A Spatial Theology of the Sabbath doesn’t aspire to approach things, persons and events by using Space as a kind of ordering and neutralizing instrument. On the contrary, Space becomes the place of freedom and interaction. Place makes the world grounded by bringing beings together without the dictatorship of time. And the first effect of this is a change in our approach to Things. We typically have incurred a Cartesian, reductive view of Things. Things to us moderns are by definition inanimate. This “depreciation of things” goes back to Descartes and his understanding of the whole non-rational world as simple “Res Extensa”. The cosmos, the body and things themselves are inanimate, unresponsive and necessarily disenchanted. They are mute and therefore not relational and incapable of resonance. But the “depreciation of things” goes parallel to the “depreciation of Space”. Space itself became mute and the object of pure scientific experimentation. The appreciation of Space has as first effect the appreciation of Things. Things are not objects, as Remo Bodei reminds us in his book “The Life of Things, The love of Things”. And Things are alive because they are meaningfully related to us and our world. Things are bundles of relations, meetings and memories in a Space that resists the temptation to run. This is what José Saramago’s book “The Lives of Things” pertinently reminds us of.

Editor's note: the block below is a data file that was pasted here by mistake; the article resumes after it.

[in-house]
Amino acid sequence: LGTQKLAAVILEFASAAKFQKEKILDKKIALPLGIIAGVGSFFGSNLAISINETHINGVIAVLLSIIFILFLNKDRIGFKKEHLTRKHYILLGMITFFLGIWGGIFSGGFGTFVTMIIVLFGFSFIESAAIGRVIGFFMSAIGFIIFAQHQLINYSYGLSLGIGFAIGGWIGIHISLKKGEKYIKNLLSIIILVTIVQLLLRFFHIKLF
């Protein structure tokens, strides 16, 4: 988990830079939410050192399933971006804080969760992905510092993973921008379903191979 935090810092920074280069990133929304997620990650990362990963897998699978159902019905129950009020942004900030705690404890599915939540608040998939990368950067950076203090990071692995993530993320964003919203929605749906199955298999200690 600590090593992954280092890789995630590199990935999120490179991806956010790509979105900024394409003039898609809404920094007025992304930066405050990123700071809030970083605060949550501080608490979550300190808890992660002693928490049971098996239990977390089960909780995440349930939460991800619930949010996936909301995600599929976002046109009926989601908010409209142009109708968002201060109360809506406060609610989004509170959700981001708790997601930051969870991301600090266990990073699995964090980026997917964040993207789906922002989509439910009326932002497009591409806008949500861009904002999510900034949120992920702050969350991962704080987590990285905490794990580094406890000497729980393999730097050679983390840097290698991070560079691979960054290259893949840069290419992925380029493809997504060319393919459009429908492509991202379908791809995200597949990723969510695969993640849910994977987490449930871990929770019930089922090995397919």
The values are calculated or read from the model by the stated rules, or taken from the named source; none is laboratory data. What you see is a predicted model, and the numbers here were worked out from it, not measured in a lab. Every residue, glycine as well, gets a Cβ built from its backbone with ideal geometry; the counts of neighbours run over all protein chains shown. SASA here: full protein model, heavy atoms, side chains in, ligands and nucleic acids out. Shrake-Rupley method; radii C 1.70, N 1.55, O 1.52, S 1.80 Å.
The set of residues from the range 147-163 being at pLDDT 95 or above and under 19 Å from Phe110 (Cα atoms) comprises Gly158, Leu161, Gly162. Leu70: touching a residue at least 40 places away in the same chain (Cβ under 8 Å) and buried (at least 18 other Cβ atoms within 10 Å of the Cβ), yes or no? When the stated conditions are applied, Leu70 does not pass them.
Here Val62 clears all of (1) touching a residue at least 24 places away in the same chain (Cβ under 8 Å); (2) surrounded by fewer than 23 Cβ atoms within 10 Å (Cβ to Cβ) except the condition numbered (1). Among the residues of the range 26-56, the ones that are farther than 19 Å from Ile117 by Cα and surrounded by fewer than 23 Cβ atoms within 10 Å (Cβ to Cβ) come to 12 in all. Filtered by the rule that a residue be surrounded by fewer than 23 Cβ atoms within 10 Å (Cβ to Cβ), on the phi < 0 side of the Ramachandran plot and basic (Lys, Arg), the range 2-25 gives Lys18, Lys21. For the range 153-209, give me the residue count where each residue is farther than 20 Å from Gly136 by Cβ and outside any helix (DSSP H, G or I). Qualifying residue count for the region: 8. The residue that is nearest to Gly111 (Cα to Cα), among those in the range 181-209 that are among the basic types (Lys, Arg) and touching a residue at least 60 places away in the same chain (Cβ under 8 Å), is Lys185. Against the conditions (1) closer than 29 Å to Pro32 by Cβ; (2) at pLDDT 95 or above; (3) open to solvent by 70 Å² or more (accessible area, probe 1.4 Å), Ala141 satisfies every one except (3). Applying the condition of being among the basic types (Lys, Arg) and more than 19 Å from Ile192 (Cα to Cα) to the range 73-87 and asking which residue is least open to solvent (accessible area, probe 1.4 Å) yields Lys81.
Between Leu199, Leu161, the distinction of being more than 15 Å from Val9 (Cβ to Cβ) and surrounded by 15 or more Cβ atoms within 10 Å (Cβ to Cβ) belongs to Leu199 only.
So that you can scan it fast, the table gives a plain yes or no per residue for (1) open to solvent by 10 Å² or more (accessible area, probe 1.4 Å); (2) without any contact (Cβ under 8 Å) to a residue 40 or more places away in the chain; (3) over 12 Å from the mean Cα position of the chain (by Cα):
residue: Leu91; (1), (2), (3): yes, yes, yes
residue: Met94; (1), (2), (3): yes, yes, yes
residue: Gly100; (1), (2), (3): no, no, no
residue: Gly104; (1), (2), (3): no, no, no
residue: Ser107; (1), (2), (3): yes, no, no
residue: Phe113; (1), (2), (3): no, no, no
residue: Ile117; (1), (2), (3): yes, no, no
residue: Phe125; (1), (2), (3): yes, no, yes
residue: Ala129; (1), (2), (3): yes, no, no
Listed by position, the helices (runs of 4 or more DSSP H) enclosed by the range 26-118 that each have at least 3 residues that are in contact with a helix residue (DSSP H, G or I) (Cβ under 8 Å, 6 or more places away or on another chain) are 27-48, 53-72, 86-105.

For this reason the rediscovery of Space, through the Sabbath, makes the world of things resound as living things. The first resonance we need to discover is the Resonance of Things. Things are not mute or unresponsive. They just speak another language we need to reappropriate and make our own. And this also implies the partial and responsible re-enchantment of our ecosystem. The acknowledgment of God the Creator can’t be built up on the disenchantment and manipulation of the Cosmos. In the book of Psalms the Cosmos sings and praises. It is responsive and resounding. (Psalms 19:1/ 98: 7, 8) In and through the Sabbath the Cosmos and the things within get back their voices. And things get back their voice by getting back their place. And the Sabbath is the guarantor and mediator of this recovery.
Hanz Gutierrez is a Peruvian theologian, philosopher, and physician. Currently, he is Chair of the Systematic Theology Department at the Italian Adventist Theological Faculty of “Villa Aurora” and director of the CECSUR (Cultural Center for Human and Religious Sciences) in Florence, Italy.
Previous Spectrum columns by Hanz Gutierrez can be found at: https://spectrummagazine.org/author/hanz-gutierrez
Image Credit: Unsplash.com